Taxidermist: Very good. Much better than what I have. Please continue.

    The play continues to unfold in this manner. The taxidermist tosses out a bit of info here and there and Henry the writer, takes it all in, provides help when he can and finds himself completely obsessed with the stuffed animals that this play centers around. Additionally, Henry the writer recently wrote a book of his own that bombed in a big way so helping in this manner is sort of like writing, but not.

    I won't say much more about the plot as you must experience it on your own, but it touches on the interaction between humans and animals, humans and other humans and the fact that evil comes in all forms. Once you figure out what is going on, and where the story is going, you continue to turn the pages with dread but somehow find yourself unable to stop. Martel dangles the carrot so to speak, and you can't help but take a nibble.

    I'd like to warn you that although this book is not overly graphic, it is disturbing and dark and will leave you feeling overwhelmed with emotion. After reading it, I immediately deemed it brilliant but then felt silly for saying so, as I'm not sure the author's intent was to write something brilliant. I know that sounds odd because most writers probably strive to be brilliant, but it's so subtle. Whether that was the intent or not, it WAS brilliant and odd and different from anything I've ever read. Beatrice and Virgil will be on my list of favorites for 2010.

    Beatrice and Virgil officially comes out on April 13, 2010 but you can pre-order it now.

    5 out of 6 people found this review helpful.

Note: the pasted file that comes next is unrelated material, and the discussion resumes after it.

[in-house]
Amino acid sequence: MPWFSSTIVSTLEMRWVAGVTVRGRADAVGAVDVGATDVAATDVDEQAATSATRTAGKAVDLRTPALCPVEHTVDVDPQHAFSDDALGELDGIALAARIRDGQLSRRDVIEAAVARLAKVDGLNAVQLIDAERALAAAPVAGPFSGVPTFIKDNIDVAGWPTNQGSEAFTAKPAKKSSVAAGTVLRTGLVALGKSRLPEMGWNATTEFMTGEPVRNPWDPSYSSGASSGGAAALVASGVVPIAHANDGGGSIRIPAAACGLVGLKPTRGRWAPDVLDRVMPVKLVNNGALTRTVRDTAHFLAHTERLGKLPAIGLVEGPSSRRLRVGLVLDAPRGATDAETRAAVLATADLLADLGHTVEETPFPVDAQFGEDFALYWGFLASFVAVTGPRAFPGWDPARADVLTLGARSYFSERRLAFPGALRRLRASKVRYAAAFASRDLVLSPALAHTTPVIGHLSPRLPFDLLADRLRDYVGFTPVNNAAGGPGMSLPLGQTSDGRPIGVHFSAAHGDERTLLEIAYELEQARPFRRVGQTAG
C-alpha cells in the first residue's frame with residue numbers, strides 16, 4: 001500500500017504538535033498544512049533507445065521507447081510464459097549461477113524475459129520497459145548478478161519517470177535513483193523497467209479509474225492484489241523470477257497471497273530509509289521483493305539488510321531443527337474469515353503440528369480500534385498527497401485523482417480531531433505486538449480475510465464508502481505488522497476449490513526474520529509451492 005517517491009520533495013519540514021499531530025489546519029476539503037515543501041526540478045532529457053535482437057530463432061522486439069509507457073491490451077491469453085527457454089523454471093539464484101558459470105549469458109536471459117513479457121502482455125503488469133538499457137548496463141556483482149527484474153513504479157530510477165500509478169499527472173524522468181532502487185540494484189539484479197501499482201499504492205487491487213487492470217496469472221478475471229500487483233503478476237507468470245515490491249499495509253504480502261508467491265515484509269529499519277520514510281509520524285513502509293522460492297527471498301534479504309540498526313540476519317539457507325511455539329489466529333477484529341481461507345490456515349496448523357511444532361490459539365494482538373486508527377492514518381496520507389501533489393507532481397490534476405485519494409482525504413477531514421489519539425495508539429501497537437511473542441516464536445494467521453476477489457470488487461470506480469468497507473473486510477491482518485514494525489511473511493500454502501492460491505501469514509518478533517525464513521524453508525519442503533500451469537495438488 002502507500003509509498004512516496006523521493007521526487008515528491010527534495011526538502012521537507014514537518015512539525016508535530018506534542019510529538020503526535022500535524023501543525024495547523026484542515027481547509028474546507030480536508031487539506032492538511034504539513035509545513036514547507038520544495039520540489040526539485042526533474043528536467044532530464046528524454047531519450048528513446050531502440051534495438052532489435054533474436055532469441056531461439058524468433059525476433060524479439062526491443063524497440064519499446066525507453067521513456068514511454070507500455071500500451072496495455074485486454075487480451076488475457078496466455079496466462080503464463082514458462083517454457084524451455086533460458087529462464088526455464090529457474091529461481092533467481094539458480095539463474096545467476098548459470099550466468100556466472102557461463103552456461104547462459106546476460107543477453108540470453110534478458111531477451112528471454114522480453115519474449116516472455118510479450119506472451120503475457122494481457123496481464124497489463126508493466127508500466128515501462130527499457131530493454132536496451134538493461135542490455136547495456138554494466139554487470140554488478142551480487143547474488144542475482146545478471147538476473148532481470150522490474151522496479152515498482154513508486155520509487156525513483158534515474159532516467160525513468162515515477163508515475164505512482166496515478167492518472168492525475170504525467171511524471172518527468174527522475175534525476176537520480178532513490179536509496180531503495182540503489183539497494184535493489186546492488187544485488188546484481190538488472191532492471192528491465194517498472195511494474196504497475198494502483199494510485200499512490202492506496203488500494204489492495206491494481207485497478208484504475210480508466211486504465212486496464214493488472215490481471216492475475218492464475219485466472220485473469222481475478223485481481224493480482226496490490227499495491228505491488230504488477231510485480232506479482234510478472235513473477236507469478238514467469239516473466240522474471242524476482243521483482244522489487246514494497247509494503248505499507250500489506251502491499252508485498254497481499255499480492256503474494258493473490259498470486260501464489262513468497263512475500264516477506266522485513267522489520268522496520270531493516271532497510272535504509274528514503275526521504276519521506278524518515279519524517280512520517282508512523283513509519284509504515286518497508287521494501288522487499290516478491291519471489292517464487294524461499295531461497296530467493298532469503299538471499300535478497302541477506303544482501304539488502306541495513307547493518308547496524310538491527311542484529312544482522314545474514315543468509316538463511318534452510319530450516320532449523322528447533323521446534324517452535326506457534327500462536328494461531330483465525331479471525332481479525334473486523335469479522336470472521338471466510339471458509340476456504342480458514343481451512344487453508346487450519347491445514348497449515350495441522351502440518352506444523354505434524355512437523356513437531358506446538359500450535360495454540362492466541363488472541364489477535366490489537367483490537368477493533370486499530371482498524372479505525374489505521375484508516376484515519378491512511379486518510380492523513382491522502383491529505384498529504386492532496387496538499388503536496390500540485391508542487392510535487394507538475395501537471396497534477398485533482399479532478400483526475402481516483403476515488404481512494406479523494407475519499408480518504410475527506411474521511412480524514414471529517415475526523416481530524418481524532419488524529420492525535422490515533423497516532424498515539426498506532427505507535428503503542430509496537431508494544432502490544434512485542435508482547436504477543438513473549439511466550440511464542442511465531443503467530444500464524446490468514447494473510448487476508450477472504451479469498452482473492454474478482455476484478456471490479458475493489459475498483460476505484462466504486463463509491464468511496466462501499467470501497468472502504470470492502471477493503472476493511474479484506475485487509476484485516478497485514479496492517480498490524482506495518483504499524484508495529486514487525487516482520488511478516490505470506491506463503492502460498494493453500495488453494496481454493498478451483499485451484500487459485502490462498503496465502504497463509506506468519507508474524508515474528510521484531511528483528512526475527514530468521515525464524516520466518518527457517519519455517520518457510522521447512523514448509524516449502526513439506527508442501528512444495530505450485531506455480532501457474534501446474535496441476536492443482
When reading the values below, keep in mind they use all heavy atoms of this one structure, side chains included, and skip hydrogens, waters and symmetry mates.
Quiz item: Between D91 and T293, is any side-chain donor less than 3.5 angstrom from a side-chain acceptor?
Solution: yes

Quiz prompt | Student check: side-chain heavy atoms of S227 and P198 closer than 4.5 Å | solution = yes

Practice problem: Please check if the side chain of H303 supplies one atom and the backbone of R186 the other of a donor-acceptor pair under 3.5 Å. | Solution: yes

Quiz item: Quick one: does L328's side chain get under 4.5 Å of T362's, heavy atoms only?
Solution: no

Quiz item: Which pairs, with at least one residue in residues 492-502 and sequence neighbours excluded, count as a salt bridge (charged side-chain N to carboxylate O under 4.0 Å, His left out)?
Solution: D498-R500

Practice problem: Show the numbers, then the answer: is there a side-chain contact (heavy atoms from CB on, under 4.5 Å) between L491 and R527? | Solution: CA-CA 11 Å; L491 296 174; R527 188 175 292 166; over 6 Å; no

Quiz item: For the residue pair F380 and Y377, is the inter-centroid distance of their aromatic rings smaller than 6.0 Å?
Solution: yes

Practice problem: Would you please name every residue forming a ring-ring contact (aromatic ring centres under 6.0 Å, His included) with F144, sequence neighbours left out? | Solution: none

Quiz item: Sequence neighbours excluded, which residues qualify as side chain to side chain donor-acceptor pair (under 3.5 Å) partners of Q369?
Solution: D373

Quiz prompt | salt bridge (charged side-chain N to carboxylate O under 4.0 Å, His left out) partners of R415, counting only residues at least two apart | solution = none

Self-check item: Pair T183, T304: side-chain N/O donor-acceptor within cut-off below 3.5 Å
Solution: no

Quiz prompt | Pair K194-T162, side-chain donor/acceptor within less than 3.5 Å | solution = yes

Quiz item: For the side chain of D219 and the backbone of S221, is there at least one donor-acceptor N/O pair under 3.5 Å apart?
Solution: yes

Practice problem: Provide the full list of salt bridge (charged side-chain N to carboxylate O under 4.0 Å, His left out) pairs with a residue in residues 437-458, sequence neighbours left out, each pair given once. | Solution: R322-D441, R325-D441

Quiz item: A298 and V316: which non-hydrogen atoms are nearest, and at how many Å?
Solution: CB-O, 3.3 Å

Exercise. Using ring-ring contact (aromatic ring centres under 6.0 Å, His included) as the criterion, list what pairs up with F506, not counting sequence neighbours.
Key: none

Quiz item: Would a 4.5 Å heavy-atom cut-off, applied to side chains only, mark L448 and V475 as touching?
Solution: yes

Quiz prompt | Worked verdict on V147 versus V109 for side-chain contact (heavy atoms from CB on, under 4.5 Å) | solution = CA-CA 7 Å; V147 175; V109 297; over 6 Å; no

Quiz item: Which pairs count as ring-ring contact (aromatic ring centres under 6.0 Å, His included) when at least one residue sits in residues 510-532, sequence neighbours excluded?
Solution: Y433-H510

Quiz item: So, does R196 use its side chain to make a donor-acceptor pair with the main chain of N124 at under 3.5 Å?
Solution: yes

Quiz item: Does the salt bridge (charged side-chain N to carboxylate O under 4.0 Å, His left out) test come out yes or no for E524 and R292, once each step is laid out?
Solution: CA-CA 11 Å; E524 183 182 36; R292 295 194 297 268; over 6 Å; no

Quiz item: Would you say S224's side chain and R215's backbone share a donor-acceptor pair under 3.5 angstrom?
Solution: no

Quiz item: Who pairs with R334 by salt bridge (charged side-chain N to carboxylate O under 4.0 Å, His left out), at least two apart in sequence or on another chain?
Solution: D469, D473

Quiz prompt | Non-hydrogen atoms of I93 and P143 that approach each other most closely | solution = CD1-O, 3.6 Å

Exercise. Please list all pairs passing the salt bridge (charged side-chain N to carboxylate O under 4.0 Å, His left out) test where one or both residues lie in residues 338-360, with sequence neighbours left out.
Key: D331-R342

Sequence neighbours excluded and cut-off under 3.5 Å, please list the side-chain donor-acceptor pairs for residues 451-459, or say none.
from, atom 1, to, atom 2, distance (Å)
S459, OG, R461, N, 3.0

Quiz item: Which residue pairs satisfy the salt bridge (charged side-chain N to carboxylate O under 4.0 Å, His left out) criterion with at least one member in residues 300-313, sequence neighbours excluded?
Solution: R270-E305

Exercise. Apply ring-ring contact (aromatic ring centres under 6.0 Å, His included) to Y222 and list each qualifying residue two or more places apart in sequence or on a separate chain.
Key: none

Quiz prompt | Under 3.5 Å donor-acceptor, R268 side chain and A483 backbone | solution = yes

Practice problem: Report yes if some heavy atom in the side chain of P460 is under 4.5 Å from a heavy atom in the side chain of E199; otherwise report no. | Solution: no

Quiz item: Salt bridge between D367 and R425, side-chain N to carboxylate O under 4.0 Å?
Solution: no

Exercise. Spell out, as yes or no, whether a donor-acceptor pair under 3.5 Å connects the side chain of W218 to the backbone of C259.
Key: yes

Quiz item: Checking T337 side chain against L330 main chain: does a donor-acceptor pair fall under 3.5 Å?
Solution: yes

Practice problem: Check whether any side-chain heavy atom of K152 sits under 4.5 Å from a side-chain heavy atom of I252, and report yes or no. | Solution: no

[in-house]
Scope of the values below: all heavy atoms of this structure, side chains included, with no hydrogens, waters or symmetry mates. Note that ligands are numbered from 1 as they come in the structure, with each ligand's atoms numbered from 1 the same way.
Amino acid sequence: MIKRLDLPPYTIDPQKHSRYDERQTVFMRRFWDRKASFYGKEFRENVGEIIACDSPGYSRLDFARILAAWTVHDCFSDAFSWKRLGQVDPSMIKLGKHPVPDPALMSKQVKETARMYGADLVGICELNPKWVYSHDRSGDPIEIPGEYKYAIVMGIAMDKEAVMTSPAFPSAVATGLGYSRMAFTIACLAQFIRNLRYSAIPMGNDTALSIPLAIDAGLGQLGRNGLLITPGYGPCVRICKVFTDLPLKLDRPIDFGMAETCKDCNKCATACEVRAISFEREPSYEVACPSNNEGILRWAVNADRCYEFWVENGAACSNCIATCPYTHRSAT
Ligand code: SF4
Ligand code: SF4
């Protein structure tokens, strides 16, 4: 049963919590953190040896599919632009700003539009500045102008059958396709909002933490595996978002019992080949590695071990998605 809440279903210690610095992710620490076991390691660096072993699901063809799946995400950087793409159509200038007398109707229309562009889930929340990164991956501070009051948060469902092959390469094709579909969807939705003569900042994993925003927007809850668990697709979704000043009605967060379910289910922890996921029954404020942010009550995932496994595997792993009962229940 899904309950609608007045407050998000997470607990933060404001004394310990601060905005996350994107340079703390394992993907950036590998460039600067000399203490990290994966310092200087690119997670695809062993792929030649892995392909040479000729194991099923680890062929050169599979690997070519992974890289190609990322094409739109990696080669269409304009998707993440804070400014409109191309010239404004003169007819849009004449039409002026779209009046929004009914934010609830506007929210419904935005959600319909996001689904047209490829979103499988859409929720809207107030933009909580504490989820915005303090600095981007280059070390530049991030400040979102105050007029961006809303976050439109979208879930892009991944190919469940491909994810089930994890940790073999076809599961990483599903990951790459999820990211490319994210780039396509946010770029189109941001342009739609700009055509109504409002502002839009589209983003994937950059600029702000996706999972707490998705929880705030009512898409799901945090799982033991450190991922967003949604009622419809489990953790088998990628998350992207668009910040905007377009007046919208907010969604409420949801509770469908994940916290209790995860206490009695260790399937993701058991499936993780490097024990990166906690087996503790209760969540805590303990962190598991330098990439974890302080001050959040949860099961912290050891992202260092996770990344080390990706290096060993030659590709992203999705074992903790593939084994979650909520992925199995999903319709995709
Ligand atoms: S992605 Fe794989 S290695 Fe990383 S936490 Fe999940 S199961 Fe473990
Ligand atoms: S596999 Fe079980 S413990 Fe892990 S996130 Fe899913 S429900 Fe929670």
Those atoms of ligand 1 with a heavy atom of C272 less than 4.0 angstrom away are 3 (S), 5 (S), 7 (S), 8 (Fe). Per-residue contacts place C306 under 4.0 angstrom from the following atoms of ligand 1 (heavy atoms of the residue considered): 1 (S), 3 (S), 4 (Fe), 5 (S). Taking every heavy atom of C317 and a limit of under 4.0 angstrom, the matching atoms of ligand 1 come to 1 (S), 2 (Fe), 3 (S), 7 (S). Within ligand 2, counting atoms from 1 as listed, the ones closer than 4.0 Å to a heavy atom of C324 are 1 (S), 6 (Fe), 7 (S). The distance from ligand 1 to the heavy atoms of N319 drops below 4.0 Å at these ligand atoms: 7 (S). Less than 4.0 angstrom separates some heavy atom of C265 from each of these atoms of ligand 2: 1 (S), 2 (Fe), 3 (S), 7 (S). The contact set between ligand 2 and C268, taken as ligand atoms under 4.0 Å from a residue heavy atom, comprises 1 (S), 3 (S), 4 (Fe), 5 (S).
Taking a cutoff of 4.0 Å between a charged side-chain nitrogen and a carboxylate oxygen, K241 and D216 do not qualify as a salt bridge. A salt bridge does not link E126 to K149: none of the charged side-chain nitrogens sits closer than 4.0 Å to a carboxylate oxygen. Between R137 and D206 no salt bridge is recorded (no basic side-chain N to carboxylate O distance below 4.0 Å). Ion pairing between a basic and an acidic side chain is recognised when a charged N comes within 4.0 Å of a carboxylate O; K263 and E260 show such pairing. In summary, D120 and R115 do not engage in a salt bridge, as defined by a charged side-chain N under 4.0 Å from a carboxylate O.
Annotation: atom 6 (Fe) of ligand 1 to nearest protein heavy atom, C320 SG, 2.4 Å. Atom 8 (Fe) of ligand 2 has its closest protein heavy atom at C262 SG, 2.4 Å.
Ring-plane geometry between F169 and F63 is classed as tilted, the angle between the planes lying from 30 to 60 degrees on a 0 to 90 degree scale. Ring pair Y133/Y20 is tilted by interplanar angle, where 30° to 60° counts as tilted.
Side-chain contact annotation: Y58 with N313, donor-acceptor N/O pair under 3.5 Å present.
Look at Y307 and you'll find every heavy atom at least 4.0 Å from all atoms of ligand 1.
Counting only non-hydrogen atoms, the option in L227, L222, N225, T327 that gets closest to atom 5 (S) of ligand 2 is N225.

Was this review helpful? Yes  No   Report this review
  • Anonymous

    Posted November 27, 2011

    Powerful Book

    Yann Martel's ability to stretch a story beyond the reach of everyday imagination confounds me. He is one of the most effortless and eloquent writers of our time. This book changed the way I will think about a pear forever. After my husband and I read it, we bought a copy for every member of our family!

    2 out of 2 people found this review helpful.

    Was this review helpful? Yes  No   Report this review
  • Posted April 24, 2010

    Most moving book I have read in a long time

    I was incredibly moved by this latest offering from Yann Martel. I thought Life of Pi was such a unique story and was anxious to read Beatrice and Virgil. I was not disappointed. Beatrice and Virgil is very heart wrenching. Martel's books are always full of surprises so I will not give anything away. I read Beatrice and Virgil in a few hours, and was moved to tears by some parts (the first book I have ever read to make me cry), so I do not recommend this book if you are looking for something light-hearted. Martel's storytelling can be wordy at times, and you may think the story is going nowhere, but trust me, keep going. Martel is truly a genius when it comes to weaving stories. I cannot wait for his next literary endeavor.

    1 out of 2 people found this review helpful.

    Was this review helpful? Yes  No   Report this review
  • Anonymous

    Posted March 12, 2014

    I Also Recommend:

    I adore this book. It is profound and inspiring, yet still clean

    I adore this book. It is profound and inspiring, yet still cleanly written and raw. The plight of a howler monkey and a donkey does not sound like the basis for a beautiful novel, but after reading Beatrice & Virgil, I know it certainly is.  I loved Life of Pi (which is why I looked into Martel's other books) but I love Beatrice & Virgil more. 

    Was this review helpful? Yes  No   Report this review
  • Anonymous

    Posted November 8, 2013

    Intriguing and horrifying

    Anyone looking for an amazing read, must read Beatrice and Virgil. It is poignant, elegant, beautiful, engaging and horrific... all in one. The end is insightful and terrifying. An incredibly unique way to view the atrocities of The Holocaust.

    Was this review helpful? Yes  No   Report this review
  • Anonymous

    Posted February 10, 2012

    Another powerful book by Martel

    Will stay with me just as Life of Pi does.

    Was this review helpful? Yes  No   Report this review
  • Posted October 5, 2011

    Amazing

    A true testament to the writing craft! This book blew my mind.